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Spin (Lorentz) connection

  1. Jan 15, 2013 #1
    what is the formula of spin connection in GR ?
    can we show it in term of structure coefficients ?
     
  2. jcsd
  3. Jan 15, 2013 #2

    haushofer

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    If you want the explicit solution in terms of vielbeins, check e.g. Van Proeyen's textbook or notes on supergravity, or eqn.(2.7) of http://arxiv.org/abs/1011.1145. Section 2 of this article reviews GR as a gauge theory of the Poincare algebra.
     
  4. Jan 15, 2013 #3
    Exactly i study Teleparallel gravity, that is a gauge theory for translation group,and i know how to derive spin connection in terms of vielbeins, but i want its definition in GR.
     
    Last edited: Jan 15, 2013
  5. Jan 15, 2013 #4

    pervect

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    Generally, we only use the Leva-Civita connection in GR. (That's the unique torsion free connection that preserves the dot product of the metric). It's a classical theory, so it doesn't really need to incorporate quantum spin.
     
  6. Jan 15, 2013 #5
    So what about spinors ?
    we need spin connections, whenever we want to compare them.
     
  7. Jan 16, 2013 #6

    haushofer

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    You use the vielbein postulate. Conceptually, you state with it that the vielbein is just an inertial coordinate transformation. Algebraically, it allows you to solve the Gamma connection in terms of the spin connection and vielbein. See again the reference I gave.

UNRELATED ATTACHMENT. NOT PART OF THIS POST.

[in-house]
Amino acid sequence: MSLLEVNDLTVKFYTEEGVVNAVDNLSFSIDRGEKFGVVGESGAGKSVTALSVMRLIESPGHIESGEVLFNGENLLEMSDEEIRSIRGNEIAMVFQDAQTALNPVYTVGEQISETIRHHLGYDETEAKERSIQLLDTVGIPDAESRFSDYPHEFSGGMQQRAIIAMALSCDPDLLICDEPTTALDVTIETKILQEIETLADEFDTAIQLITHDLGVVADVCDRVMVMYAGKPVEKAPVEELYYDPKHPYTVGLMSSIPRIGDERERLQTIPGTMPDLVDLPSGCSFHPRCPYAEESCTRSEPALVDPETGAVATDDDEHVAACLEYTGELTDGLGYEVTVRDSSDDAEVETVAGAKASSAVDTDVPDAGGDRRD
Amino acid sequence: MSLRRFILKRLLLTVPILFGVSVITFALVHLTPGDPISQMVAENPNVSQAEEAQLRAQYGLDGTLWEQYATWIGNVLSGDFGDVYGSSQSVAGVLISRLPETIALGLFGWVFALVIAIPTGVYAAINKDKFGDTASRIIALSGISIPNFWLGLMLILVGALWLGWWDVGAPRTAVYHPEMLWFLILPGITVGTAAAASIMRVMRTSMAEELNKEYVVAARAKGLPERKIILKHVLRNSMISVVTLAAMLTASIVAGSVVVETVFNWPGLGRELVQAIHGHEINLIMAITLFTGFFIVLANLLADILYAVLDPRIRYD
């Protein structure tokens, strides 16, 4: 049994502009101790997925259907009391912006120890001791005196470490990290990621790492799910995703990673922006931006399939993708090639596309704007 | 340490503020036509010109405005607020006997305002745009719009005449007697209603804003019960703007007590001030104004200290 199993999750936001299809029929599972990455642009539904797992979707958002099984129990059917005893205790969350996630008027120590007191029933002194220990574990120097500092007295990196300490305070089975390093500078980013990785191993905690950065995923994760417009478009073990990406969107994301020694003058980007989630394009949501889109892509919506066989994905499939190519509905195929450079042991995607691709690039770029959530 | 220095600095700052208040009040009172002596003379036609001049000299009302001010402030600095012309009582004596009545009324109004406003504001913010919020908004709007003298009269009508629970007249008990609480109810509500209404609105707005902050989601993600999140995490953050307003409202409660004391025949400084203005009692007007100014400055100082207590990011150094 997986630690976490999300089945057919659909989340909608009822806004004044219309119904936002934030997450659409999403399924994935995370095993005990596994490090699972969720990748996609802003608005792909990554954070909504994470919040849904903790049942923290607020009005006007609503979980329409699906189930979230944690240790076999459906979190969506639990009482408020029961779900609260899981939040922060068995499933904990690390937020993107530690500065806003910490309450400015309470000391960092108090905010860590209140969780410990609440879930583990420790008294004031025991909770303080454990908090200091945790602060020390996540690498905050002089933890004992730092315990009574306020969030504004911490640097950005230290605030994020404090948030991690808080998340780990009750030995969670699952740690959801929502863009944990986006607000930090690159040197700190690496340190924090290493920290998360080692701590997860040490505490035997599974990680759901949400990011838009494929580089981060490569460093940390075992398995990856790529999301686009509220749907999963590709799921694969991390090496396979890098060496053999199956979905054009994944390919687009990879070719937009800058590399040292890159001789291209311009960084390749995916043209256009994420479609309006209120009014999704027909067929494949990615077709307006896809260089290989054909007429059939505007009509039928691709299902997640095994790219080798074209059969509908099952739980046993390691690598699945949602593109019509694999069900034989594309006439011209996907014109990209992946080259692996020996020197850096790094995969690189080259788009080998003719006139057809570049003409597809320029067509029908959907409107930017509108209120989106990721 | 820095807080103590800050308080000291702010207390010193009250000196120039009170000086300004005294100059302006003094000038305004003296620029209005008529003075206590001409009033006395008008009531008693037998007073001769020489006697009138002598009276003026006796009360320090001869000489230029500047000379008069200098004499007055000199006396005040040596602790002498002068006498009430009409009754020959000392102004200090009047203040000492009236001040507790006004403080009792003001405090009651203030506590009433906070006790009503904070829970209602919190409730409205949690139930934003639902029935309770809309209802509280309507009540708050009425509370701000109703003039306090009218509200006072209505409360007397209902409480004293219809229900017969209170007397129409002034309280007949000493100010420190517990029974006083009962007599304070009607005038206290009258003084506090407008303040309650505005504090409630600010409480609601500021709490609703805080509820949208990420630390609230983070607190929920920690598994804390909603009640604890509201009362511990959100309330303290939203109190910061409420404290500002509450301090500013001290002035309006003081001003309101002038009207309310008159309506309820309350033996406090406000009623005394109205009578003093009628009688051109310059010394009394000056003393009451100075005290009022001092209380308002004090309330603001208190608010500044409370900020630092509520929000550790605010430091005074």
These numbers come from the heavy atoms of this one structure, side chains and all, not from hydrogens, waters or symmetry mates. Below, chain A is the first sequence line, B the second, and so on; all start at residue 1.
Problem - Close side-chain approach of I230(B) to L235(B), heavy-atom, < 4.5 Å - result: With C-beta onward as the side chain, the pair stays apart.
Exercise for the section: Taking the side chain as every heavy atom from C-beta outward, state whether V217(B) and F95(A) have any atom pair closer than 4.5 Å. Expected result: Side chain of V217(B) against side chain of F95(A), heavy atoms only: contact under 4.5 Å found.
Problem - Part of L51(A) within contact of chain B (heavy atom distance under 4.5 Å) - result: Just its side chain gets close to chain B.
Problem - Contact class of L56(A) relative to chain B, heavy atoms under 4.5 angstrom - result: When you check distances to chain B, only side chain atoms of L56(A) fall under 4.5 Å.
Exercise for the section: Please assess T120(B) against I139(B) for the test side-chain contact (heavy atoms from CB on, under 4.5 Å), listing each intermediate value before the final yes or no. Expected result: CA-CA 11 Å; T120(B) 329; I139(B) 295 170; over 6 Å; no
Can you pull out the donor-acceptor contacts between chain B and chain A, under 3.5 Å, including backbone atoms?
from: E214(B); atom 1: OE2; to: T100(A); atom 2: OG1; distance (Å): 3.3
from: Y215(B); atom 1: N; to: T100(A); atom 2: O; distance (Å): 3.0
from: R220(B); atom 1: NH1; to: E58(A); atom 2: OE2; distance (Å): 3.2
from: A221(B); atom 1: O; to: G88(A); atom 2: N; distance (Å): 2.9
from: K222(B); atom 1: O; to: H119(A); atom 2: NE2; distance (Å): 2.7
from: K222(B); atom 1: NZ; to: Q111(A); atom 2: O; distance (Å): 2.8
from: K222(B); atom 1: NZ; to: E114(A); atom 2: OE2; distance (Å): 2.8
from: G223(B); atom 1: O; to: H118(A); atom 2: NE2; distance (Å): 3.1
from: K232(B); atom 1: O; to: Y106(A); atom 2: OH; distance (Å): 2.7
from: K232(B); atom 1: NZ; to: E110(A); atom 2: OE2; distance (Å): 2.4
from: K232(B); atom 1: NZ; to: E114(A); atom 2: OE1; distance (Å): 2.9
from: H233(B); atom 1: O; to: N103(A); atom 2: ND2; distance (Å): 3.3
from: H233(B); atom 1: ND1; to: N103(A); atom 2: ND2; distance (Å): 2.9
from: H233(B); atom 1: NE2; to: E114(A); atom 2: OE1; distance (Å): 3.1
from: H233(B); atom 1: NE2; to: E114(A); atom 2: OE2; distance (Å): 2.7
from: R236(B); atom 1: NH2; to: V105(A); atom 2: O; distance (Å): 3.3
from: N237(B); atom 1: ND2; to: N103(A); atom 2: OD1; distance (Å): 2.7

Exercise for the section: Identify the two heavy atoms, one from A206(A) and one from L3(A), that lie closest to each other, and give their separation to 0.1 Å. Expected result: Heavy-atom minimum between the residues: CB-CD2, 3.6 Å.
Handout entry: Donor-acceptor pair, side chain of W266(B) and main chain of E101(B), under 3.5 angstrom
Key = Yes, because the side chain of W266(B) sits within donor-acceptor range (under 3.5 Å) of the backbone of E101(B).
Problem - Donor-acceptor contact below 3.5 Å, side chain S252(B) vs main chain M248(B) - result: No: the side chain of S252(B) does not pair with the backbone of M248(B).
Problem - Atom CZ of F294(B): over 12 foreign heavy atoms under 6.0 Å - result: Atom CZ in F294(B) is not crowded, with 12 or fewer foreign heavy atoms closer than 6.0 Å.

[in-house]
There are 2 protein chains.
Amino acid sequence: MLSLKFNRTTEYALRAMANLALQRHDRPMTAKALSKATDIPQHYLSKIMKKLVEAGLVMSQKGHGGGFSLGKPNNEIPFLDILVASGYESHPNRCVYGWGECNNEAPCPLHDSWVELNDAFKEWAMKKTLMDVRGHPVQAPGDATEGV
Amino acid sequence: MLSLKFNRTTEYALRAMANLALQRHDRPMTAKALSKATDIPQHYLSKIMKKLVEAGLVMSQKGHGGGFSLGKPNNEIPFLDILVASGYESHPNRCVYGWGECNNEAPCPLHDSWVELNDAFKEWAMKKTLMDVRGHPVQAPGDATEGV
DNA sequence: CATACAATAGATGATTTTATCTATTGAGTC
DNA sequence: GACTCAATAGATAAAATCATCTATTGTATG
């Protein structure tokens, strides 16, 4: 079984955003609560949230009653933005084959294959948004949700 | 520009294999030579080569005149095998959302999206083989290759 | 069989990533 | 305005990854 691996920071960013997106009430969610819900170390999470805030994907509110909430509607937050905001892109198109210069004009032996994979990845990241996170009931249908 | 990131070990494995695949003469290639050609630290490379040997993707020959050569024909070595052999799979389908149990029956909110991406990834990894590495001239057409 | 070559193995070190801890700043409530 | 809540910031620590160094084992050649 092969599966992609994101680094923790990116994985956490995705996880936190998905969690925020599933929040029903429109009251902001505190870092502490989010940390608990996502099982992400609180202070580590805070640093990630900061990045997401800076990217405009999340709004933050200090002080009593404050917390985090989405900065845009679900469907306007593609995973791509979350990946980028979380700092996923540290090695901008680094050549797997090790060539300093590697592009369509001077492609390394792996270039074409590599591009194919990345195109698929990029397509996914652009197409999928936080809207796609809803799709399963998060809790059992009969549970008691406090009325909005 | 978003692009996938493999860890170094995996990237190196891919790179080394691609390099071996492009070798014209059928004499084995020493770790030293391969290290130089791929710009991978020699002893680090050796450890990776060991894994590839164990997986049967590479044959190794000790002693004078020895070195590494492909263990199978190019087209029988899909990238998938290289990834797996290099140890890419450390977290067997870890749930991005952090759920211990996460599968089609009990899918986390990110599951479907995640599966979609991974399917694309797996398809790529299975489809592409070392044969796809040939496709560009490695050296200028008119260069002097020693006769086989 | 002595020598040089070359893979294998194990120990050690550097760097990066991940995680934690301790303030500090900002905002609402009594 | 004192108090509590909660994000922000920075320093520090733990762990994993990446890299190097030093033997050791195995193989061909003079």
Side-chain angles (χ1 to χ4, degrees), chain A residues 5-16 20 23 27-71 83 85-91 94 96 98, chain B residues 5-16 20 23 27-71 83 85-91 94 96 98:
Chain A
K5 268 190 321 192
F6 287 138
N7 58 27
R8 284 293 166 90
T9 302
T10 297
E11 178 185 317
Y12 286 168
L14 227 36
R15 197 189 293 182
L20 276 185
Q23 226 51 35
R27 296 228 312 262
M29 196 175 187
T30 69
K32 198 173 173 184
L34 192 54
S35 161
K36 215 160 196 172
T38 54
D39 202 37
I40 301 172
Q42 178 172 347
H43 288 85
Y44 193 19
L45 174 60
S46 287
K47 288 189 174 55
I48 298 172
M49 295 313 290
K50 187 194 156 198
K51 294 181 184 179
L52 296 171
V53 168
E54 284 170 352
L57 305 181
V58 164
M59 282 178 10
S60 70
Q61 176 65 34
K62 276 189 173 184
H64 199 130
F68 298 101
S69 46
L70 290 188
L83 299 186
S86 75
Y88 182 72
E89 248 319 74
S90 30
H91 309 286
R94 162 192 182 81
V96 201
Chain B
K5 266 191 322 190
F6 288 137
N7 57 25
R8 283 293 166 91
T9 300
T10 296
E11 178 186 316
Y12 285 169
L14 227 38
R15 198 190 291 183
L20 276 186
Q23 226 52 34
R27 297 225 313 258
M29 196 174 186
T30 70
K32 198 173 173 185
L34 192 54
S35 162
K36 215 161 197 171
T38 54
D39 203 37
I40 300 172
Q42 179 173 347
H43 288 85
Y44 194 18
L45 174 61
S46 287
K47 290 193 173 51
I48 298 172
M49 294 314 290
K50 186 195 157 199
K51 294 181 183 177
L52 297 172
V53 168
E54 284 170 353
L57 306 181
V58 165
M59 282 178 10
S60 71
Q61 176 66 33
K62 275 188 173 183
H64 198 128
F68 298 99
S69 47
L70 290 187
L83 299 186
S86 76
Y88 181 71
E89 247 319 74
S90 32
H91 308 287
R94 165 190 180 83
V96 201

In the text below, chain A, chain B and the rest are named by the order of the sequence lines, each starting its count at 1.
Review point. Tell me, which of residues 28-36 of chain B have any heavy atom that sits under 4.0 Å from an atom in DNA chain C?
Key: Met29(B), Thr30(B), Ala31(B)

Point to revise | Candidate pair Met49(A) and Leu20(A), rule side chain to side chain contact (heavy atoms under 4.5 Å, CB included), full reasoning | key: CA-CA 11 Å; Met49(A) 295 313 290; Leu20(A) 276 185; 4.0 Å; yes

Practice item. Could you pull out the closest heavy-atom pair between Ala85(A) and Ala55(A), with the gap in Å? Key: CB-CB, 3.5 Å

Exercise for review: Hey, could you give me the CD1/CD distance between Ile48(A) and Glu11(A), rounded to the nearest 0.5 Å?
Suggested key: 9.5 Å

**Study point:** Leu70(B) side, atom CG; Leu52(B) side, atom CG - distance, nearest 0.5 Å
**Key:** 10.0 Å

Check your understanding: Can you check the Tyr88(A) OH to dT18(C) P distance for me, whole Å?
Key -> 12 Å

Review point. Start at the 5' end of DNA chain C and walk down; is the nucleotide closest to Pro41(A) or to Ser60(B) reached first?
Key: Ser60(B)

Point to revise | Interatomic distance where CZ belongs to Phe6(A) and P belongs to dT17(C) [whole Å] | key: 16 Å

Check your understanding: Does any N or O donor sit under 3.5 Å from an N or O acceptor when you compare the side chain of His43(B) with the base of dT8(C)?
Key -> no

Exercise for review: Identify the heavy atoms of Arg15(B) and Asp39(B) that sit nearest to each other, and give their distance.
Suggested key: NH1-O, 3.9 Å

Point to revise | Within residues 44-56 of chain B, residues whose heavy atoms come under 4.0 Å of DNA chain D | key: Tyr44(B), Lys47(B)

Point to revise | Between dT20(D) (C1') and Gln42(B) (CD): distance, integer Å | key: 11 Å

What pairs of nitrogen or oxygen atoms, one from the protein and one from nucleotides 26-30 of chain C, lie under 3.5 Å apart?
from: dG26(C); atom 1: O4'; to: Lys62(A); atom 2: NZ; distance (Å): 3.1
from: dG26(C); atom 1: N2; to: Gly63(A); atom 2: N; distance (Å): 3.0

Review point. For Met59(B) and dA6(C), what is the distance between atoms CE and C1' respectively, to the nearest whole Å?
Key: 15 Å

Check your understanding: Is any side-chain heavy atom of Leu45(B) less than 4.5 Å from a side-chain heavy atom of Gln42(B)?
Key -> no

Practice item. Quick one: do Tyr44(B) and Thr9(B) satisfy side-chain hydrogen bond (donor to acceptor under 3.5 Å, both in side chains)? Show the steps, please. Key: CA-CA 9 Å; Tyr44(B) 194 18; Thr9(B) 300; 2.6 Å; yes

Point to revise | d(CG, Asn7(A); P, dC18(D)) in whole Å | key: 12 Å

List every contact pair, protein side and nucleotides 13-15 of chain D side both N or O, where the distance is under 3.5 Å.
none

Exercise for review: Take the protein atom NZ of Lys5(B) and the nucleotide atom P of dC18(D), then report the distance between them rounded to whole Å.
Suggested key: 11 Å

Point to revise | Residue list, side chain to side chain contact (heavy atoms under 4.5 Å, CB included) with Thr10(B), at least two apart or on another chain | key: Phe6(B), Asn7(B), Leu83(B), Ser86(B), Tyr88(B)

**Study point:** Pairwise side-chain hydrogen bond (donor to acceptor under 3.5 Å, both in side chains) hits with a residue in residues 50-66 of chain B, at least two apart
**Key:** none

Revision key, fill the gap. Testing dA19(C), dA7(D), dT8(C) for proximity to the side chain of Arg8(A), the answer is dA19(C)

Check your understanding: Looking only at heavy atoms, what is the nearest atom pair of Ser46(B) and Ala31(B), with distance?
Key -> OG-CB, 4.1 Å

8. Jan 16, 2013 #7

    tom.stoer

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    As far as I remember tetrad formalism and spin connection are nicely explained in Nakahara's textbook.
     
  9. Jan 16, 2013 #8

    George Jones

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    If you want to learn about the differential geometry of spin connections, and of teleparallelism, I suggest you look at the book "Differential Geometry for Physicists" by Fecko.
     
  10. Jan 17, 2013 #9
    You are right, But i found the explicit relation with use of the Koszul formula in a orthonormal frame.

    Thank u, it was helpful


    Really Thank u, Nice suggestion, I got the book !
     
  11. Jan 17, 2013 #10

    George Jones

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    This is only possible when a spacetime admits a spin structure. For a non-compact spacetime, a necessary and sufficient condition that it admits a spin structure is that it is parallelizable, i.e., that it admits a *global* tetrad field.

    Spacetimes that are compact are possibly non-physical, as any compact spacetime admits closed timelike curves, so the above is probably a useful equivalence.
     
  12. Jan 19, 2013 #11

    haushofer

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    Hi george, I'm not familiar with these kind of technicalities, but I will look them up. Thanks!
     
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